Review of X-ray scattering methods with synchrotron radiation

Synchrotron light sources provide brilliant light with a focus on the X-ray region and have enormously expanded the possibilities for characterising materials. In the Reviews of Modern Physics, an international team now gives an overview of elastic and inelastic X-ray scattering processes, explains the theoretical background and sheds light on what insights these methods provide in physics, chemistry as well as bio- and energy related themes.

“X-ray scattering can be used to investigate and resolve a wide variety of issues from the properties and excitations of fuctional solids, to homogeneous and heterogeneous chemical processes and reactions or even the proton pathway during the splitting of water,” explains Prof. Dr. Alexander Föhlisch, who heads the Institute Methods and Instrumentation for Research with Synchrotron Radiation at HZB.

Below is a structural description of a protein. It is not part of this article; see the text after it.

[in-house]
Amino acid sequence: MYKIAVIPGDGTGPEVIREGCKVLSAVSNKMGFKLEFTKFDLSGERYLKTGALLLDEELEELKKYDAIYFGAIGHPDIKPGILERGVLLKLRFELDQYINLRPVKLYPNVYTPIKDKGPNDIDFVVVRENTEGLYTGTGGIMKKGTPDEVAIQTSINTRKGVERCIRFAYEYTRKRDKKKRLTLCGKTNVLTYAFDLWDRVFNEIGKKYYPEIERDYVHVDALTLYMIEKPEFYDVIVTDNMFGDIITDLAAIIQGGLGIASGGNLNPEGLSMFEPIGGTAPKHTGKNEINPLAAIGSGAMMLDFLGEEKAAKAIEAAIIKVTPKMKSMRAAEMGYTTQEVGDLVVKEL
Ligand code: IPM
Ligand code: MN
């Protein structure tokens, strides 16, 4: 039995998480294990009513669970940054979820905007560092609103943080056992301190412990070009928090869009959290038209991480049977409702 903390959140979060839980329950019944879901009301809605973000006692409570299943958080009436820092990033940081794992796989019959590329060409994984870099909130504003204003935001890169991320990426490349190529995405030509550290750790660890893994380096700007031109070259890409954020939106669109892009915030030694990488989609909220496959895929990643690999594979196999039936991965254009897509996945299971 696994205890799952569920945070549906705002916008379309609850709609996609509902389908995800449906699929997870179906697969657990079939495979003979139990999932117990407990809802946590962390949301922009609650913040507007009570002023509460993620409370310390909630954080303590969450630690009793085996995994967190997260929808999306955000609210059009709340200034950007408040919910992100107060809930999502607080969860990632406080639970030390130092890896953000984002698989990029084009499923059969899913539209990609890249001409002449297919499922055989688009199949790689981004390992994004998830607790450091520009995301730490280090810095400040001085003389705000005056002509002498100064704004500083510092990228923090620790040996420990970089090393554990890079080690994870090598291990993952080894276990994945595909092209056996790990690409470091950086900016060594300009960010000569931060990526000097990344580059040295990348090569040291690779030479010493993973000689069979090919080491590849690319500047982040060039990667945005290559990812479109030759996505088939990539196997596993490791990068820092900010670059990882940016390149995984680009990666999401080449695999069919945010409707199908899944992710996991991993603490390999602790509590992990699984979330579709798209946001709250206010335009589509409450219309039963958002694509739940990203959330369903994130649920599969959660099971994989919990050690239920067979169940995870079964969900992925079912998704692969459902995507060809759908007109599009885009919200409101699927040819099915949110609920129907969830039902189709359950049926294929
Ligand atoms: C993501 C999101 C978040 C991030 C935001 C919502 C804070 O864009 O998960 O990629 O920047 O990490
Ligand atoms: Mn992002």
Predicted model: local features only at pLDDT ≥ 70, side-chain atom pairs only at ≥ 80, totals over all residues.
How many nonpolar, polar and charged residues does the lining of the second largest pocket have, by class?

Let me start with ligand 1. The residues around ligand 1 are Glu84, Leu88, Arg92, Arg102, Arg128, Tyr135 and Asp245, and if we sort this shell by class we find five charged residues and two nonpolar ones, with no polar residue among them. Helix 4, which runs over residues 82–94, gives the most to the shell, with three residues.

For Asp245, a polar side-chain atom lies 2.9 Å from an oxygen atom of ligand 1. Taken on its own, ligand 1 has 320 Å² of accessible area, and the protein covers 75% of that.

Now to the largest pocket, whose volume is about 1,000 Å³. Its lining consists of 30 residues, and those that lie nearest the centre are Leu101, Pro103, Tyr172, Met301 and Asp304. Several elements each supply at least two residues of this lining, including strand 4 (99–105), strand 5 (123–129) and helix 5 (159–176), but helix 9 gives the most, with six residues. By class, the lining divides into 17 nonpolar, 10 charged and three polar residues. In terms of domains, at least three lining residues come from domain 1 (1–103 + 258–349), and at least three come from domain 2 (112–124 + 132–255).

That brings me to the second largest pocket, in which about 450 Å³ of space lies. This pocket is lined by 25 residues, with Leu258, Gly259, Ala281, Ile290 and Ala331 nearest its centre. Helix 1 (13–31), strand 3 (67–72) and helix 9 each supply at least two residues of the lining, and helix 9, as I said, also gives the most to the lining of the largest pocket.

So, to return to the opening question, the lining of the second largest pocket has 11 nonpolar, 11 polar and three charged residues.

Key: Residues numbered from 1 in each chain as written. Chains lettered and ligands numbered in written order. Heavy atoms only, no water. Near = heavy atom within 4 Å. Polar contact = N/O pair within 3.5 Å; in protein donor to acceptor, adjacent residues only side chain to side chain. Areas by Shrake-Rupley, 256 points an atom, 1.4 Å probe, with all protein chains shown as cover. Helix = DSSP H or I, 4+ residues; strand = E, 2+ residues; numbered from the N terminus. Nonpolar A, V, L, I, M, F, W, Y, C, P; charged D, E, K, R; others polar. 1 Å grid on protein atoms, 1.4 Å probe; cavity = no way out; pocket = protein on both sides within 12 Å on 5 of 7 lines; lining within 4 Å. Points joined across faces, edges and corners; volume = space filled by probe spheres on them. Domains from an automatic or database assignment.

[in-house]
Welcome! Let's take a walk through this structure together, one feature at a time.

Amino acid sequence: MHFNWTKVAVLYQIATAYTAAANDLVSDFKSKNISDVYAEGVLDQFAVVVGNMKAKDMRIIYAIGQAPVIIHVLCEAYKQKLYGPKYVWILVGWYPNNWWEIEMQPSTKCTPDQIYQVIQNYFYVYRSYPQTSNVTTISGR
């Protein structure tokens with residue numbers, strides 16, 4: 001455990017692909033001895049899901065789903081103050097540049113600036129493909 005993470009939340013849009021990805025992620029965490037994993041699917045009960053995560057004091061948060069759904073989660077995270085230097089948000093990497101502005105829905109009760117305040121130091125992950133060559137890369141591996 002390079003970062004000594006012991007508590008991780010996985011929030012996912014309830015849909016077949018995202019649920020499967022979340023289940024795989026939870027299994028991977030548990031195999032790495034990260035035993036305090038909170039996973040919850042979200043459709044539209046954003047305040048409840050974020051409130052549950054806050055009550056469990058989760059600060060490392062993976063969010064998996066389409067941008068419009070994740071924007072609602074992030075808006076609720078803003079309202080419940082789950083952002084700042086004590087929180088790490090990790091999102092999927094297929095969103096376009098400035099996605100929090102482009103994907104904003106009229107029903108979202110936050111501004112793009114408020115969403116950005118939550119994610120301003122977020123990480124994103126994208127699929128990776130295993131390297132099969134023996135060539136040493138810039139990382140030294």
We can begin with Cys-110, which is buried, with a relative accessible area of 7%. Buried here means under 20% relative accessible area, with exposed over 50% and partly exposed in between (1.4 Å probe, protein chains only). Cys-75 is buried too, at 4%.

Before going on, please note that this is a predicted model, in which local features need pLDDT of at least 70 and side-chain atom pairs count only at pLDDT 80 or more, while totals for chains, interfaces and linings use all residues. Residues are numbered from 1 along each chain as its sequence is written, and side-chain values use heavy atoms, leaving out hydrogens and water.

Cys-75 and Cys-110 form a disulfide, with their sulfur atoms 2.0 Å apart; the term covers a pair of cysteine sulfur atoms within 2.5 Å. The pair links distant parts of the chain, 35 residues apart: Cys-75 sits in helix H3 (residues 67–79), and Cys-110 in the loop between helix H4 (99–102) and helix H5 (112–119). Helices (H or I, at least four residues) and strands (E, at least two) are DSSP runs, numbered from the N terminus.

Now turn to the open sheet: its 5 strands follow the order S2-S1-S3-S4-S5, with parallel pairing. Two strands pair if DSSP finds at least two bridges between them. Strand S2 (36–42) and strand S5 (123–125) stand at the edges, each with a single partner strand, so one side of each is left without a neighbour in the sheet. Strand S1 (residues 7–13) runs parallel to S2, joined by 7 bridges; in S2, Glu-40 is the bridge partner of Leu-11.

Read more on the HZB website

Image: Resonant X-ray excitation (purple) core excites the oxygen atom within a H2O molecule. This causes ultrafast proton dynamics. The electronic ground state potential surface (bottom) and the bond dynamics is captured by distinct spectral features in resonant inelastic X-ray scattering (right).

Credit: © Martin Künsting /HZB

Towards better LED lighting

Designing energy efficient, high output, perfectly tinted LEDs

SASKATOON – Scientists have combined experimental data gathered at the Canadian Light Source at the University of Saskatchewan and theoretical data to build deep insight into two types of light emitting crystals for next-generation LEDs.

“When we have means of creating more efficient lighting, this has a huge environmental impact,” says Alexander Moewes, Canada Research Chair in Materials Science with Synchrotron Radiation at the University of Saskatchewan, who cites that lighting accounts for 15-20% of global electricity consumption, and therefore for roughly 5% of worldwide greenhouse gas emissions.

Read more on the CLS website

Image: Tristan de Boer,  Patrick Braun, Ruhul Amin, Alexander Moewes and Amir Qamar outside the Physics building at USask